Check email. This can be a huge trap. Make sure you set up some very strong filters. If you don’t like your default email client (e.g., Mac Mail or Outlook), consider something like Spark which many people find to be more efficient for filtering emails.
Check tasks in your task manager. We use Asana, but other popular ones include Monday or ToDoist. And, despite my love for Asana, I have been totally addicted to my Full Focus Planner since 2018, and I don’t intend to give it up. It’s my lifeline for tying my tasks to my goals and my vision.
Check your calendar, whether it’s iCal or Fantastical or something else. If you’ve got a world-class assistant to manage your calendar, talk out your day together so you’re both on the same page. (Your assistant can save you a ton of time!)
Otherwise, check your own calendar, especially with something like Calendly where people may have added themselves to your calendar after you left the office yesterday.
Check your social media account(s). Be careful! Set a time limit for yourself! Otherwise, this can quickly get away from you!
Check anything else that requires a response. For me, it’s checking my blog. I don’t check each day, but I check the same number of times a week that I blog. If I can answer in under two minutes, I answer right away. (If not, I delay my response, but I still try hard to answer it on the same business day.)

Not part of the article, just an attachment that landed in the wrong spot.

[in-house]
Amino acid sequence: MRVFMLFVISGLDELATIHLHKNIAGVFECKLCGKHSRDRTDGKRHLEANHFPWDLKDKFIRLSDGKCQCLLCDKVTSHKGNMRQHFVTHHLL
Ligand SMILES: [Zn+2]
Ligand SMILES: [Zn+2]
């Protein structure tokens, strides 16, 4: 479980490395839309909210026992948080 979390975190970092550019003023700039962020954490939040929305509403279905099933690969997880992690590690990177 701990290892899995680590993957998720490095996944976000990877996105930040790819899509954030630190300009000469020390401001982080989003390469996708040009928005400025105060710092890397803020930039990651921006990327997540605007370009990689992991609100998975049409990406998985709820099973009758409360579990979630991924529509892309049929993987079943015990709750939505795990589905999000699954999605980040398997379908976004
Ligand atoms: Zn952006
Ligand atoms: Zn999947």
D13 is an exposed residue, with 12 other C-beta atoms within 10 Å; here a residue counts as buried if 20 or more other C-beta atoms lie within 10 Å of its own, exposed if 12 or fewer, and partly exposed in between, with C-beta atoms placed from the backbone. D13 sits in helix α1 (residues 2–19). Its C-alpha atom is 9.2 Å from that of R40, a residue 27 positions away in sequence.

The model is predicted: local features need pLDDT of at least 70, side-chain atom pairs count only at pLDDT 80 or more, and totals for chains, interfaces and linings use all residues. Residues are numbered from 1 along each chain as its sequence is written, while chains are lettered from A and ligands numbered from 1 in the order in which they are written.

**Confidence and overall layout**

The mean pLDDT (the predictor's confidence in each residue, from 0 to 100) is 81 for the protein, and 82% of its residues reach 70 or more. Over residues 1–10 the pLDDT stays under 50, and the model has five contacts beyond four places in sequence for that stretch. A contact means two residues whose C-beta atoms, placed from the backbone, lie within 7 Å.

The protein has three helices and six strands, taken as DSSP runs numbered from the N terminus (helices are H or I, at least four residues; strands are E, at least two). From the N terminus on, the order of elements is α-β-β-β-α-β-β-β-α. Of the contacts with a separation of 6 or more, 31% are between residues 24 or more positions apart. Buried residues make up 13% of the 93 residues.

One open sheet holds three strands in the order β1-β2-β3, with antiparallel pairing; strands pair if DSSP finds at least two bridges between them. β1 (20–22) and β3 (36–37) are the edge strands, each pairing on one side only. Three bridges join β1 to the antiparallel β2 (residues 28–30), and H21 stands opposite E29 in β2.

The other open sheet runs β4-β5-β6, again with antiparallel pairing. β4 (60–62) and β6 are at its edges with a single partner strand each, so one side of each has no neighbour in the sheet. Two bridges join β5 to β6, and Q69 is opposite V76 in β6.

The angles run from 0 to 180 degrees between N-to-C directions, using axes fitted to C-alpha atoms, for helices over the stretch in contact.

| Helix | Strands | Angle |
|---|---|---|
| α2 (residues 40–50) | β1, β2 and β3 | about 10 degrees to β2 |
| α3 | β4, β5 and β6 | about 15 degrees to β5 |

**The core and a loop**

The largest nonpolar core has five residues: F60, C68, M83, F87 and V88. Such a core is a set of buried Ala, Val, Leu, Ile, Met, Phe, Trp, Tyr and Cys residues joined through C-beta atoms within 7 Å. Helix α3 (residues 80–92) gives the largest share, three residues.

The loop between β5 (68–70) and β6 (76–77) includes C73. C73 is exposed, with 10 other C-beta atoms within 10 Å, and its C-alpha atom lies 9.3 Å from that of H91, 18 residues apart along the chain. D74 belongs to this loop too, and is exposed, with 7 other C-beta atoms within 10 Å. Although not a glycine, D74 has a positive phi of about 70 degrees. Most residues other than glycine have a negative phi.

If you have a team, quickly touch base with your senior people. Spend no more than 15 minutes to summarize your goals for the day and any urgent issues that have cropped up since yesterday.
Consider holding a scrum. Basically, a scrum is a 15-minute meeting for the project team, and it goes like this:
- What did I (or we) do yesterday?
- What are we doing today?
- What obstacles might impede our progress?
We have a small office and a small team, so we don’t hold a scrum every day. And, for various reasons, we don’t hold the scrum at the beginning of the day. But for some organizations, a daily scrum, as part of everyone’s startup routine, is critical.
Review daily goals
Review your Big 3 tasks for the day. You may have written your Big 3 the night before, or even a few days before. But make sure to review those three tasks each morning; what seemed like a priority yesterday might not seem like a priority today.
Make sure that your Big 3 tasks are:
- in alignment with your weekly goals,
- the best use of your time today, and
- most likely to give you leverage.